In her maiden speech titled Decelerating Growth Calls for Accelerating Action, presented on October 8, 2019, IMF managing director Kristalina Georgieva, said that with slower growth expected in about 90 per cent of the world in 2019, “the global economy is now in a synchronised slowdown.”
The fragile outlook was highlighted in the World Bank’s January 2020 Global Economic Prospects—Slow Growth, Policy Challenges.
Why is this happening? And, how is East Africa fairing in this new dispensation?
A number of factors account for the gloomy global outlook. Among these are trade tensions between the US and its major trading partners, China and the EU.
Uncertainties remain as the EU-UK Brexit trade talks commence. The US-Iran standoff has escalated geopolitical tensions in the Middle East. Nearer home, the situation in the Horn, the Sahel and the Ebola outbreak in the Democratic Republic of Congo continue as old certainties.
As a consequence, the World Bank forecast global economic growth of 2.5 per cent in 2020 and 2.6 per cent in 2021. For sub-Saharan Africa, the report forecast 2.9 per cent and 3.2 per cent, respectively, as worsening global headwinds have compounded weaknesses in several African economies. Evidently, the shine has come off the “Africa rising” narrative.
For Africa’s powerhouses, Nigeria and South Africa, growth remains well below potential.
In the case of Nigeria, the report notes that the outlook remains subdued, with growth averaging 2.1 per cent in 2020-2021, reflecting uncertainty about the direction of government policies and the macroeconomic framework. With Nigeria’s population growing at around 3.0 per cent, income per head has declined and poverty has increased.
South Africa’s growth is projected at 0.9 per cent in 2020 and 1.4 per cent in 2021, as the electricity sector inhibits domestic growth and weak external demand hinders exports.
Angola is another struggling juggernaut with growth rates of 1.5 per cent in 2020 and 2.7 per cent in 2021. In contrast, East Africa is a bright spot on the continent’s firmament.
Except for Burundi, others will grow significantly: Ethiopia 6.3 per cent, Kenya 5.9 per cent, Rwanda eight per cent, Tanzania 5.9 per cent and Uganda 6.2 per cent, on average during 2020-2021. These are among the world’s fastest growing countries.
With these impressive growth rates, EAC countries are bucking the trend compared with the continent’s big economies and the rest of the world. It is however, not the time to declare victory.
There are persistent gathering clouds on the horizon. For example, further deceleration of the EAC’s principal trading partners—China, EU and the US—could weaken commodity prices, reduce export revenues and constrain investment inflows. And, many EAC countries will hold elections in 2020/2021.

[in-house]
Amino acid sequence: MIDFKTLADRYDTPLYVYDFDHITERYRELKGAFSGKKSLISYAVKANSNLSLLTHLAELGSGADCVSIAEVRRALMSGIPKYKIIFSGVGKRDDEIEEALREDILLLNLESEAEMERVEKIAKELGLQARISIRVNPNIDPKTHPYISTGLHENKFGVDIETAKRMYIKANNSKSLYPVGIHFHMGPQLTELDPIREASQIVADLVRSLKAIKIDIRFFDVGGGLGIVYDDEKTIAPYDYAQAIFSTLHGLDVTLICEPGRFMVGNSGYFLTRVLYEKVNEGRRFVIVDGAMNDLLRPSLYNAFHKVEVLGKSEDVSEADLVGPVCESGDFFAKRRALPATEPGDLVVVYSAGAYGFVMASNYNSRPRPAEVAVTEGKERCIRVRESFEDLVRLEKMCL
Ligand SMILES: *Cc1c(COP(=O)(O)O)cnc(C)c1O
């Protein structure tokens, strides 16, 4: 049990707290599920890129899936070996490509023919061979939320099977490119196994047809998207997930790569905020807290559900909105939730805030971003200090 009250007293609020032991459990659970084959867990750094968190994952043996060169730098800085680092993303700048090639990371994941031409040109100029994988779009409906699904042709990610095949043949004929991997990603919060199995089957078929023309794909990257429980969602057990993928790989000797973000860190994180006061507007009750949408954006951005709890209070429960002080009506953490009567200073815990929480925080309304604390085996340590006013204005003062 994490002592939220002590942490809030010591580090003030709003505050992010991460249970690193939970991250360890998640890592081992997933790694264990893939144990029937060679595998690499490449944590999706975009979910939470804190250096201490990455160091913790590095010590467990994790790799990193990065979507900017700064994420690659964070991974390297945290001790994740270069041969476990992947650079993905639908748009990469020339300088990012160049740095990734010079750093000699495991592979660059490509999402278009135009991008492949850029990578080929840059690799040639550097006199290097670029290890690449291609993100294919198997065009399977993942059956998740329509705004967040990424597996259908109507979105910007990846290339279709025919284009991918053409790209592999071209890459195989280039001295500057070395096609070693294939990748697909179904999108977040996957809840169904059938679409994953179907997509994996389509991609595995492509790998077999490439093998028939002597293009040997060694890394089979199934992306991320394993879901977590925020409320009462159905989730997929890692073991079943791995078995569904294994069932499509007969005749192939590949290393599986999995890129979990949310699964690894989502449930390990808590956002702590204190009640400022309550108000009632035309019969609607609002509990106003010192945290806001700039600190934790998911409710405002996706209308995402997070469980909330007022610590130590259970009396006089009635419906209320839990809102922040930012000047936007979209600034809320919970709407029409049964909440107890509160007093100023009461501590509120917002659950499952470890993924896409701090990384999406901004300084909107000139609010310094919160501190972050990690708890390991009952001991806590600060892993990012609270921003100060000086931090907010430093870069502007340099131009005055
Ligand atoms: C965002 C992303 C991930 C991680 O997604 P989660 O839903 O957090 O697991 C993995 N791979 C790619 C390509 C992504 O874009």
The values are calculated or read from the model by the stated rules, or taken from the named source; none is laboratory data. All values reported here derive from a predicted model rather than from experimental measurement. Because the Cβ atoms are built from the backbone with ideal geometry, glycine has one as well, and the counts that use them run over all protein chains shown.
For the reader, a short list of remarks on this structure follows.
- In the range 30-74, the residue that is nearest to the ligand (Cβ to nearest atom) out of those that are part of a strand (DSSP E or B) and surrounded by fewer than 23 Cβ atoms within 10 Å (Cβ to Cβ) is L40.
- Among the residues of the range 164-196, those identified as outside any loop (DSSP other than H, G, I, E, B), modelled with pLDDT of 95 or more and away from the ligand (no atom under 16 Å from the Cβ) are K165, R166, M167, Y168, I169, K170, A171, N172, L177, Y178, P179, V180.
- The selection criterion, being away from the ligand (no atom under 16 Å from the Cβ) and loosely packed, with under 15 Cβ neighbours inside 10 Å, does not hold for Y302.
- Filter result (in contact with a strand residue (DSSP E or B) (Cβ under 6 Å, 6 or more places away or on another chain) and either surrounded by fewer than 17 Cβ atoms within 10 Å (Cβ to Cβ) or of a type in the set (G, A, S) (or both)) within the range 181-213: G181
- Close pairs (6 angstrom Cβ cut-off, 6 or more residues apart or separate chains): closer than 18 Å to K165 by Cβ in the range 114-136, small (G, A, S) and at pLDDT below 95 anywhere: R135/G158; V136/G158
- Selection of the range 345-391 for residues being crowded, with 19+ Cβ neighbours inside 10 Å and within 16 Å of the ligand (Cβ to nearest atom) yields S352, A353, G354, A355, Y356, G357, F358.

Election years raise political temperatures, emphasising the need for caution.
Here are two actions that merit attention for sustained growth. First, EAC needs to deepen the integration process to serve as the region’s growth engine. This requires opening its fast-growing markets to each other. It is not the time for prohibitive tariffs on fellow members, nor time for border closures that dampen regional economic activity.
One can imagine the positive effects of the EAC’s single market, which eliminated virtually all barriers to trade—tariff and non-tariff. The outcome is likely to raise the GDP of member states many fold and translate to increased well-being for every child, woman and man in East Africa.
Second, EAC countries need to improve tax revenue collection, now averaging around 17 per cent of GDP. This is below the potential for these countries. Indeed, IMF’s “tax capacity” models suggest a potential increase in revenue by about three–five per cent of GDP. This increase exceeds the amount that these countries will receive in external aid.
Meanwhile, concessional aid is dwindling. Yet, population is exploding, unemployment is high especially among the youth and inequality is pervasive. More tax revenue is needed to address these challenges.
To close the infrastructure financing gap and invest in human capital—education, skills training and health services—requires more tax revenue. To reduce dependence on commodity exports, reduce debt, and to spur faster economic growth requires more tax revenue.
Unlike their counterparts in the industrialised countries, African policy makers’ room to manoeuvre to counter the prevailing global downturn is rather limited.
On the monetary policy front, central bankers do not have the wherewithal, of the US Federal Reserve Bank and the European Central Bank, to basically flood the financial system with cheap money to boost economic growth.
For the countries of East Africa, the key question is not what to do in these turbulent times?
It’s whether the EAC has the political will to deepen economic integration and to relentlessly boosting tax revenues to create jobs and boost growth at a time of heightened global downturn.
Aloysius Uche Ordu is the managing partner, Omapu Associates LLC. He is a former vice president of AfDB and a former director of World Bank.